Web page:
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The bean counters score – Colin Cook

It was a long week-end and the federal Treasurer’s Eleven – aka The Bean Counters – had come up from Canberra to play the Village; they lost the toss, the Villager’s openers took the field – but consternation, for the bowling was underarm! ‘Do these guys know what they’re up to?’ was the general reaction around the ground.

But there was consternation amongst the scorers as well for the Treasurer’s scorer started with a bag full of kidney beans – transferring them methodically into a black box as runs were made.

The runs were coming freely once the Villagers got the hang of slow, low, curly deliveries – wickets were lost mainly through carelessness and hilarity but at 256 for 7 the Treasurer’s captain called a halt; all the beans had been used – there were no more runs to be had!

‘But what about our other three bats- men?’ complained the local skipper; mark them as ‘unemployed’ was the response, ‘there are no more runs for them score’.

Lunch was a slow, somewhat sombre affair – the visitors seemingly uninterested in taking the field. ‘What’s the point’ said the Treasury skipper, ‘Where will the runs come from? You lot have used up all beans, there are no runs for us to score.

‘Don’t worry where the runs will come from’ assured the Village scorer, ‘we use a computer – so we have just as many runs as you need and more besides. No need for any of your bats- men to be unemployed.’

Free from the dread of the beans running out, the Treasury boys batted happily scoring 221 before the last wicket fell.

Net result, Treasury suffered a 35 run deficit, the Villagers enjoyed a 35 run surplus.

And the point is?

  1. The game of life should not be restricted by how many beans are to hand.
  2. When Treasury loses, others enjoy a win. And vice versa.
  3. Bean counters can learn a thing or two from the SCG scoreboard.
  4. No reason for anyone to be marked, ‘unemployed’ if you understand cricket scoring – or modern money creation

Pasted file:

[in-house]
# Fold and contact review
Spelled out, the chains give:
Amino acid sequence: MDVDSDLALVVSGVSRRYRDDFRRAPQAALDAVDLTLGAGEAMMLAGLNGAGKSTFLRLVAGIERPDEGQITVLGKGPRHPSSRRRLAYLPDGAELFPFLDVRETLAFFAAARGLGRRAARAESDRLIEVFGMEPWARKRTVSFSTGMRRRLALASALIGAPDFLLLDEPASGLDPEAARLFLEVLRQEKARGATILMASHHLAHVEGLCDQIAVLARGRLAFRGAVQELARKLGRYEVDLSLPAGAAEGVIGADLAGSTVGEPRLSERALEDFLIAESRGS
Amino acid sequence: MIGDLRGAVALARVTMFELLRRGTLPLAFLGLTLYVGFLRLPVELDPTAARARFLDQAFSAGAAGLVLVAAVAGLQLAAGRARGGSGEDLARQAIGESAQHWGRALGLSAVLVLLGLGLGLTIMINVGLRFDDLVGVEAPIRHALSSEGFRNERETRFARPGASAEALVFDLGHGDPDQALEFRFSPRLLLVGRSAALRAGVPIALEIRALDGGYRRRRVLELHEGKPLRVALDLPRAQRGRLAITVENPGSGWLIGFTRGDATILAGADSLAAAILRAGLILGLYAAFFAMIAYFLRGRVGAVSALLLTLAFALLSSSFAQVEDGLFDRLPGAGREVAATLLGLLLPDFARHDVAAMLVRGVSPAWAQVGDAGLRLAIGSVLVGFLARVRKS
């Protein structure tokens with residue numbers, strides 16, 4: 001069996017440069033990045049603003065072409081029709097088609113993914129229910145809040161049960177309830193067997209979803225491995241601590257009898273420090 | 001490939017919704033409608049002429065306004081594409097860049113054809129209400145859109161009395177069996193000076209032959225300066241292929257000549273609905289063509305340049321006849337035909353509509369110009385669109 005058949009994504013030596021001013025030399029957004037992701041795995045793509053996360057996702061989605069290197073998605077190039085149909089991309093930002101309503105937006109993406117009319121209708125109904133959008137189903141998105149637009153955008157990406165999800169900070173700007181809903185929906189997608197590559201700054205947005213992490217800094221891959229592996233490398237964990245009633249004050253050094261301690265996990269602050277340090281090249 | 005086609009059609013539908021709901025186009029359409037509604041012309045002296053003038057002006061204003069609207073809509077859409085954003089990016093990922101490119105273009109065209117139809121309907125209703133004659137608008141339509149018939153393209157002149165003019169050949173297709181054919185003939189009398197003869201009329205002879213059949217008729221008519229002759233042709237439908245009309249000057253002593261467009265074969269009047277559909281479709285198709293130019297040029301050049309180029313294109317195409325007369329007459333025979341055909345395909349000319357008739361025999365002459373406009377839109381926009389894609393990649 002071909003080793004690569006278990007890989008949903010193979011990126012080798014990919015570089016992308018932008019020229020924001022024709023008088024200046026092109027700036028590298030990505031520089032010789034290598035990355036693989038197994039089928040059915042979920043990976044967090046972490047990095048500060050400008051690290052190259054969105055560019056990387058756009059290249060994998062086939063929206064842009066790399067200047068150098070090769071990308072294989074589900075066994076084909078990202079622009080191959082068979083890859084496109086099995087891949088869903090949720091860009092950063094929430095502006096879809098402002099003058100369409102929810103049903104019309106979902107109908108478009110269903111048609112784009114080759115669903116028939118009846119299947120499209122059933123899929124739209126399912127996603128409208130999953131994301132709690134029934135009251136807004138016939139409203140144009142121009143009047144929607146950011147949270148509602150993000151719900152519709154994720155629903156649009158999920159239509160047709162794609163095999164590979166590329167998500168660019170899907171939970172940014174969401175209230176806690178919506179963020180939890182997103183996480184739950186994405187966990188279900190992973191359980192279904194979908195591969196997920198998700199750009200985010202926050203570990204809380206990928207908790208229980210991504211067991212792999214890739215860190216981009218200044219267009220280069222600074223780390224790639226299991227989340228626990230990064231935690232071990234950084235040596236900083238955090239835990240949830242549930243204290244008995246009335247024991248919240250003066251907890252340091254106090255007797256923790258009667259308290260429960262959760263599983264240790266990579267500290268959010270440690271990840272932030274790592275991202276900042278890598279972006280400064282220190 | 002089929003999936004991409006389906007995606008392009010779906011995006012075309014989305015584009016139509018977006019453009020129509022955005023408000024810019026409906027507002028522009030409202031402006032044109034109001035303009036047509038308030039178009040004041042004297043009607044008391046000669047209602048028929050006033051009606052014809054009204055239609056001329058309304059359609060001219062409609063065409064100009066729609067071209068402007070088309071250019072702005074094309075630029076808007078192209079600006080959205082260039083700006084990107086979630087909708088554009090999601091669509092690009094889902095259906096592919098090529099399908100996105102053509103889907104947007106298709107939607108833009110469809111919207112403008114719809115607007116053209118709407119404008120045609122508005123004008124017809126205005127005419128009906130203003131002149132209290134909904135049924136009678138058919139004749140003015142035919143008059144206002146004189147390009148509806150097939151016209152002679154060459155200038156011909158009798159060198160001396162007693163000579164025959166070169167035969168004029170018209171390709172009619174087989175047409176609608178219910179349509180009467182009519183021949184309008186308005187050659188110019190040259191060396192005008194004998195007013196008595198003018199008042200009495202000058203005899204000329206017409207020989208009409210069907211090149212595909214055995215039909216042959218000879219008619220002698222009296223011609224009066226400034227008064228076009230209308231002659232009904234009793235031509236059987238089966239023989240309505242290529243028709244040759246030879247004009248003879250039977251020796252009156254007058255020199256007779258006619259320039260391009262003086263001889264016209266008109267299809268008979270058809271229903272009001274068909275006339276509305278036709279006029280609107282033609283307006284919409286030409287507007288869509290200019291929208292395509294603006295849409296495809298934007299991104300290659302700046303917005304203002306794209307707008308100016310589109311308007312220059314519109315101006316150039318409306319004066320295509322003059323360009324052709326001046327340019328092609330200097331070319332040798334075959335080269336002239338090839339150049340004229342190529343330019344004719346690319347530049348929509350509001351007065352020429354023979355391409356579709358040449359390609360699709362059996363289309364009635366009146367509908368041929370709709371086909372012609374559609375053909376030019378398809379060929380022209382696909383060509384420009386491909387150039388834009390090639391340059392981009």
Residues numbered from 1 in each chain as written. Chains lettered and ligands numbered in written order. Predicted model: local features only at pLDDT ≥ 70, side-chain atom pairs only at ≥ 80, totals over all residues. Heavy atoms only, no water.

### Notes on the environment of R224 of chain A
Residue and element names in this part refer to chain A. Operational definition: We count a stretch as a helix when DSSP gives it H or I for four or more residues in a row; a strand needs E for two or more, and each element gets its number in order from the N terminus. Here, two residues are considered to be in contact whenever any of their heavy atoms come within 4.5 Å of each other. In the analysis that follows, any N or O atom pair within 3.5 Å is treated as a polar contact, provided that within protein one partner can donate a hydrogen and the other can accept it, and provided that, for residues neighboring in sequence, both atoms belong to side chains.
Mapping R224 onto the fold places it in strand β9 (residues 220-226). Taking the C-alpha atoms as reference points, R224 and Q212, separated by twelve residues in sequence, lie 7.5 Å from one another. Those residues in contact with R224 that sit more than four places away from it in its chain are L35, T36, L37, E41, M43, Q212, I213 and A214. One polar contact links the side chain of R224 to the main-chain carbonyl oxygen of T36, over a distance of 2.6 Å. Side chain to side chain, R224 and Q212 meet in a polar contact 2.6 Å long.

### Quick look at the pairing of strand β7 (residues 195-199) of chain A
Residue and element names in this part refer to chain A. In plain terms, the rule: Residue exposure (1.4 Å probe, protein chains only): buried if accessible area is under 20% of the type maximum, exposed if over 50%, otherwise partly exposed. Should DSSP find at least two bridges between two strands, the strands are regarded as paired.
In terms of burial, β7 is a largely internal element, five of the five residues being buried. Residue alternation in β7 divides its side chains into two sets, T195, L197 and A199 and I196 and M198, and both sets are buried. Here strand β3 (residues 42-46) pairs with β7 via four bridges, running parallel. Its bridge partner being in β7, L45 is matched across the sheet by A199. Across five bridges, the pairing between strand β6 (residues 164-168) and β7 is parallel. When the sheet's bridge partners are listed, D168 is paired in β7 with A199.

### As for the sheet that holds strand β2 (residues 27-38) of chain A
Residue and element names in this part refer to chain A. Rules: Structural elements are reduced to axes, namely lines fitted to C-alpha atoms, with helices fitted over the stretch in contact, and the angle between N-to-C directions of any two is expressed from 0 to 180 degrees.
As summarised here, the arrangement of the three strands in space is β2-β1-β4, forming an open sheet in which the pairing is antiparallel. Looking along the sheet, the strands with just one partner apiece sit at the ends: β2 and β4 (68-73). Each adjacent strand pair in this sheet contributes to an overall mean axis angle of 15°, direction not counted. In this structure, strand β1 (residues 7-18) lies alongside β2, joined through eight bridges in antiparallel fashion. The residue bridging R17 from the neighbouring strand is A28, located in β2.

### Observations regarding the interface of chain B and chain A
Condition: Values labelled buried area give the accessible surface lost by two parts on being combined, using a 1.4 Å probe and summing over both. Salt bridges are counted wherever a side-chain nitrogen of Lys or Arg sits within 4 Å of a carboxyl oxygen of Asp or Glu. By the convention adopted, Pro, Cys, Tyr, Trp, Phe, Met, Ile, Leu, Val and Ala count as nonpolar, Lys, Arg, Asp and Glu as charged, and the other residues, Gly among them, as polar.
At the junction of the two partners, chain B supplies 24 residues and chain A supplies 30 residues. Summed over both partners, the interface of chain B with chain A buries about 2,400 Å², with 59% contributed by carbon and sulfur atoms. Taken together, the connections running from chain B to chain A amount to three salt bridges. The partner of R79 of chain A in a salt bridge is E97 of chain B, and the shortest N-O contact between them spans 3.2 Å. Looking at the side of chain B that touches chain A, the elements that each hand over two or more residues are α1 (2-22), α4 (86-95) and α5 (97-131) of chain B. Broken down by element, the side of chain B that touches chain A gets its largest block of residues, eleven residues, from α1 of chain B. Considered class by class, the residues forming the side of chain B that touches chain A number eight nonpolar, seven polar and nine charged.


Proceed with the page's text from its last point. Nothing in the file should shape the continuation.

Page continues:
(Ref Bank of England Q1 2014).

Background brief

The Australia Federal Government is a CICG, a currency issuing central government. The currency it issues is the Australian dollar which, since 12 December 1983 has been a FIAT currency; that is, ‘State-issued money which is neither convertible by law to any other thing, nor fixed in value in terms of any objective standard’ (Wikipedia). In short, our dollar is backed by no material substance but is a constitutional project and its value is underwritten by the willingness of the Federal Government to accept it in payment of taxes.*

Our dollars mostly appear as book keeping entries, numbers on computer screens not as ‘real money’; ordinary folk cannot create A$s to add to their own balances or those of their friends, only the CICG can do that. Because a FIAT currency has no material backing, literally nothing limits how much can be produced but the amount of currency that should be created IS fixed by the sum total of the national resources – human, material, administrative and constitutional. To issue more FIAT money than that would be inflationary.

* And we all have confidence that this is so; this confidence is important for it is mutually supportive and what makes FIAT currencies work; they are not ‘a trick’ but an essential tool for modern societies.

Colin Cook is an ERA member who lives in NSW and blogs at


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